Daniel Davis, professor of immunology at the University of Manchester, U.K., who was also not involved in the study, told Newsweek the Nevada case was similar to that in Hong Kong. "On the face of it, this shows that someone can be infected with SARS-CoV-2, recover, and then be infected again. But these individual case reports do not give any indication of how likely this is," he said.

Davis said it is to be expected that people will be exposed to this virus more than once.

"What is important to know is whether or not their immune system has built up some protection from the first infection to stop them becoming ill from the second infection and whether or not they still transmit the virus to others. In this new case, the second infection did cause symptoms. An immune response against a second infection may cause some symptoms such as a fever, but it's of some concern that this patient was hospitalised after a second infection.

"Importantly however, it's hard to make any general conclusions from this study of one individual."

More research is needed, following large numbers of people over time, Davis said, in order to paint a "general picture of what happens to people exposed to SARS-CoV-2 for a second time."

Ian Jones, professor of virology at the U.K.'s University of Reading who also did not work on the study, told Newsweek the Nevada case "fits our current understanding that some individuals seem not to mount an effective immune response to a first infection leaving them susceptible to a second.

Addressing concerns that such cases may mean vaccines could not be used to control the pandemic, Jones said such preparations "are purposefully designed to produce an immune response in all cases, very different to the real infection."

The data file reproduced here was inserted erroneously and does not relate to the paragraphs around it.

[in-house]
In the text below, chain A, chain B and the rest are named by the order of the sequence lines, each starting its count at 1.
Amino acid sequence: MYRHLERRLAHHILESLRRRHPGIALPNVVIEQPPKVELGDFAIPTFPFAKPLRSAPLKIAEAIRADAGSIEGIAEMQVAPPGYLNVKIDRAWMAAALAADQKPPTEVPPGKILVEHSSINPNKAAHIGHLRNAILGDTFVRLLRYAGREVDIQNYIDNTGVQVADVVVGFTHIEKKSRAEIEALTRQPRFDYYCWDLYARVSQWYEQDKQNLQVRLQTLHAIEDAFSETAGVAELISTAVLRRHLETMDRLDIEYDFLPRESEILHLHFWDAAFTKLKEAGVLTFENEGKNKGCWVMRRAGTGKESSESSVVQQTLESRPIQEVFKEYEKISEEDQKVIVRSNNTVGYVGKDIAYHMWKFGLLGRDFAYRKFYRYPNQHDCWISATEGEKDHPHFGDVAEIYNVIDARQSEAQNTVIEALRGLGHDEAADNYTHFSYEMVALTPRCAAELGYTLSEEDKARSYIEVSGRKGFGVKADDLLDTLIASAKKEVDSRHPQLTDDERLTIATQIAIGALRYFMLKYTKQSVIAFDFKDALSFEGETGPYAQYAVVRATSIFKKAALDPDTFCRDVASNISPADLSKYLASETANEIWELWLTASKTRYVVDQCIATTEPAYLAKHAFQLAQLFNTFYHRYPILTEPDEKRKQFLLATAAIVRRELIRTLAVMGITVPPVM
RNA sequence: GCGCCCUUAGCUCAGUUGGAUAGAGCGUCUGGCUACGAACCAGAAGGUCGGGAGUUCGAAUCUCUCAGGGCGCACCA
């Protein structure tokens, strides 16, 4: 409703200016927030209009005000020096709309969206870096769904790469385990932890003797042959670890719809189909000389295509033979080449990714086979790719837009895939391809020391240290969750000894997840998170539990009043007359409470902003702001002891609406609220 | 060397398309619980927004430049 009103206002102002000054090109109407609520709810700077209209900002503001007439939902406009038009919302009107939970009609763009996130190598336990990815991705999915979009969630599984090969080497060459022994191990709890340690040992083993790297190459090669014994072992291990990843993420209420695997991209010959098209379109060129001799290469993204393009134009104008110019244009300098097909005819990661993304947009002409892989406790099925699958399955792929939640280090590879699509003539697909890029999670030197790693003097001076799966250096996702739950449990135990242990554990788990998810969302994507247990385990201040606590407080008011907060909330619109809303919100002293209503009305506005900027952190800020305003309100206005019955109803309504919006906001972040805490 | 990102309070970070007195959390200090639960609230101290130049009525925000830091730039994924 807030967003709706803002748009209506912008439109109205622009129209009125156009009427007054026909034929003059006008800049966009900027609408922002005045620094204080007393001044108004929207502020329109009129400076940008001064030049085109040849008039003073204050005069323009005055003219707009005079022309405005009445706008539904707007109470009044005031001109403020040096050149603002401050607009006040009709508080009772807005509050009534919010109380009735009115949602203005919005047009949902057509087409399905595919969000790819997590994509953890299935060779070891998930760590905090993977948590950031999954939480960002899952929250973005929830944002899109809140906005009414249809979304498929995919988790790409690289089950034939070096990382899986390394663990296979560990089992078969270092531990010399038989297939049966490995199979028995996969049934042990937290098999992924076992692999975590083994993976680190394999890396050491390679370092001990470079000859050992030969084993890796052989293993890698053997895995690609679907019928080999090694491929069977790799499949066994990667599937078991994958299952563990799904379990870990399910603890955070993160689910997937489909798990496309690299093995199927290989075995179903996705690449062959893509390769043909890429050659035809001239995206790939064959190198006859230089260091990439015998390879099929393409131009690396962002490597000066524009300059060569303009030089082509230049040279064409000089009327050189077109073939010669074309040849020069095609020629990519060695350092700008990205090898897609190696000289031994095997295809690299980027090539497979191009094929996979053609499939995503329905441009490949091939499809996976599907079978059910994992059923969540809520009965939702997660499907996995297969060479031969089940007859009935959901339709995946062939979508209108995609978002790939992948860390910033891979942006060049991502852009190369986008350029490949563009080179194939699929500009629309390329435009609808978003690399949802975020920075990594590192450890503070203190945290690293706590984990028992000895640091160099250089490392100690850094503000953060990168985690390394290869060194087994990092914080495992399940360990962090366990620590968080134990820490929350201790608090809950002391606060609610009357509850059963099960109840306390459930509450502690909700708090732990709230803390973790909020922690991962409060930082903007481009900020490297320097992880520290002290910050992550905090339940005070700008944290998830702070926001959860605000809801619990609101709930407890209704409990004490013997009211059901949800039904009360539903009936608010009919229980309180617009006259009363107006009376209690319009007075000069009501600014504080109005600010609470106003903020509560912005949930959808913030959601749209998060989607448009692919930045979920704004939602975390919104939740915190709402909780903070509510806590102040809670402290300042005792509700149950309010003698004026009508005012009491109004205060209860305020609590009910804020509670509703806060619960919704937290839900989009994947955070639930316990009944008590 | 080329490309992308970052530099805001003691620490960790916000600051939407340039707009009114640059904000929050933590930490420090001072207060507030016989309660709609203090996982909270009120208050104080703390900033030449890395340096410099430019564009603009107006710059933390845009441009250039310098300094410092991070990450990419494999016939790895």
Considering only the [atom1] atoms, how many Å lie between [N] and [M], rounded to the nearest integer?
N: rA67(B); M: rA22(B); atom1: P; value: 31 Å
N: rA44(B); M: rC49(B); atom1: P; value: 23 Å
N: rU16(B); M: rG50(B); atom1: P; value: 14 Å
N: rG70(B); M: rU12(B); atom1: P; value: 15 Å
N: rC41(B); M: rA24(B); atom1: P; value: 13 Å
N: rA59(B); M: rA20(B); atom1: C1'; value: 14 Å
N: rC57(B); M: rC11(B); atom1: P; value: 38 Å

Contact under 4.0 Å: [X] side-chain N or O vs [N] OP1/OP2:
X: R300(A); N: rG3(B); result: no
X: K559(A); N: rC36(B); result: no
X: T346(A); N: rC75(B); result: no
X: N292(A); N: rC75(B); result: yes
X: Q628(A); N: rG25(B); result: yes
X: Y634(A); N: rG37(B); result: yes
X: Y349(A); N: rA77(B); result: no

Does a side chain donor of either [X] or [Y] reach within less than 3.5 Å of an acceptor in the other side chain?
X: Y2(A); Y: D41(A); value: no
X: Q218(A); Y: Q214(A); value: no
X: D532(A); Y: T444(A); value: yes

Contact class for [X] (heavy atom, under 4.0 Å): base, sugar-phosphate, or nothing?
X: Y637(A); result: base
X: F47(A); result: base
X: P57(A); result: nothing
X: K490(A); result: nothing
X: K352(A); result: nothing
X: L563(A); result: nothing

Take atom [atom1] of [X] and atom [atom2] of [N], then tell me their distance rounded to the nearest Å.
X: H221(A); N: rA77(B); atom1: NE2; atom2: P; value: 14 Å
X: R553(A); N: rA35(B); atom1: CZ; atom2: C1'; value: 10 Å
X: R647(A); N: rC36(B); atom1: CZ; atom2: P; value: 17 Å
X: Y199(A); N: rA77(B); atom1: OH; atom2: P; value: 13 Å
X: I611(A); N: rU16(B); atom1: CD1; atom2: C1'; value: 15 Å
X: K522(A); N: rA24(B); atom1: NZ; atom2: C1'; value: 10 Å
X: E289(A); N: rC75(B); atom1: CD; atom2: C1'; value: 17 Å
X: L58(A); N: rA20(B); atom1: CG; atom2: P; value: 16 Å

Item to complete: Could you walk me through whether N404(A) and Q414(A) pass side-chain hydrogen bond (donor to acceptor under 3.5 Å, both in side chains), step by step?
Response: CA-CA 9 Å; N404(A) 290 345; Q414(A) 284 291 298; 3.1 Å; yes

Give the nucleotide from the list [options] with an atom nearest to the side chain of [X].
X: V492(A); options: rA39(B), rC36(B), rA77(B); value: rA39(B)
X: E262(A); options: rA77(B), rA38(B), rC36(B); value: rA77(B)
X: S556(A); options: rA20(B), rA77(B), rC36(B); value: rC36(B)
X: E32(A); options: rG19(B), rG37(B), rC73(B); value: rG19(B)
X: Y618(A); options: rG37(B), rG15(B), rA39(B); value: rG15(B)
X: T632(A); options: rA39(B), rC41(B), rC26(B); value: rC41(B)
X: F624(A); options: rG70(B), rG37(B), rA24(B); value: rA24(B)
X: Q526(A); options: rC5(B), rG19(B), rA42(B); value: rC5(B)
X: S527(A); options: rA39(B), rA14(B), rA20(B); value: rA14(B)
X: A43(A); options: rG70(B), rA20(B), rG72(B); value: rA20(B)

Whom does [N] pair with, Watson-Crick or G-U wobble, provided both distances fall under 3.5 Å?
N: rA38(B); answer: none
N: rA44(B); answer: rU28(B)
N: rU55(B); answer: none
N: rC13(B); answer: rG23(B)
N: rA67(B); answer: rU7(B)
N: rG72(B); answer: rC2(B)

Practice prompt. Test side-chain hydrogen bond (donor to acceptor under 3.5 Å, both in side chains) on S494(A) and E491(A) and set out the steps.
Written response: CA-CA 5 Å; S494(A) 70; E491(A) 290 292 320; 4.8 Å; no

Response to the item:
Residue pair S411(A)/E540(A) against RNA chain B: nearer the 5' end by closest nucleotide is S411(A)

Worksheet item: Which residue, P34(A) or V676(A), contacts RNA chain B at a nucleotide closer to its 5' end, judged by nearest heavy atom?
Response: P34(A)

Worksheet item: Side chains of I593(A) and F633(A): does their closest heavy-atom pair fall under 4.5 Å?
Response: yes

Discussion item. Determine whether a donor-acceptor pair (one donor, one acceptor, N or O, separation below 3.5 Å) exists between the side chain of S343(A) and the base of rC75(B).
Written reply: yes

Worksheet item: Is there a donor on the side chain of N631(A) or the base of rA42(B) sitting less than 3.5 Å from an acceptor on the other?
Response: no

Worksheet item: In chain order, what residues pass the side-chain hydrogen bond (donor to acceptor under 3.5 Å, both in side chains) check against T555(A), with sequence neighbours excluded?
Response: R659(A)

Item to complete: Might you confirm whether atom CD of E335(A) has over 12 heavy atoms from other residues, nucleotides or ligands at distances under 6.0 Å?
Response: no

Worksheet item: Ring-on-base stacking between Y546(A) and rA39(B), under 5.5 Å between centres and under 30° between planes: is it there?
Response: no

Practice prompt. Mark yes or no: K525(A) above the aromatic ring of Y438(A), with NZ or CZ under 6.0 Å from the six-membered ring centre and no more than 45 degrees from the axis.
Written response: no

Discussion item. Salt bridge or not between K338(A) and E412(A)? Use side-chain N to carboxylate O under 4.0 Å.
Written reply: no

Jones said such cases seem to be "rare" and something "to note but not to overplay."

Julian W Tang, honorary associate professor of respiratory sciences at the University of Leicester who also did not work on the case, told Newsweek: "Undoubtedly we will see more of such cases over the coming months—with more robust definitions of what constitutes reinfection—to understand this phenomenon better—including the potential impact on any SARS-CoV-2 vaccine."

Jeremy Rossman, honorary senior lecturer in virology at the University of Kent told Newsweek: "We do not yet know enough about reinfections to make any conclusions. However, it is recommended that even people that have been infected with COVID-19 continue to practice the recommended precautions—physical distancing, [wearing] face coverings and hand washing— to ensure that they are protected against any potential reinfections."

Discussing the possibility of reinfection in March, Benjamin Linas, an expert in infectious diseases at Boston Medical Center and Boston University, told Newsweek: "Perhaps there is something special or different about those individuals [infected twice]. Maybe they have immune system suppression, maybe they take medicines that somehow make them more susceptible to re-infection. We do not know yet.

"For example, it may be true that people can be re-infected with SARS-CoV-2, but that the second time around the infection is less serious, because there is some partial immunity."

This article has been updated with comment from Daniel Davis, Ian Jones, Julian Tang, and Jeremy Rossman.

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A nurse carries out a coronavirus test on May 15, 2020 in Sydney, Australia. Lisa Maree Williams/Getty Images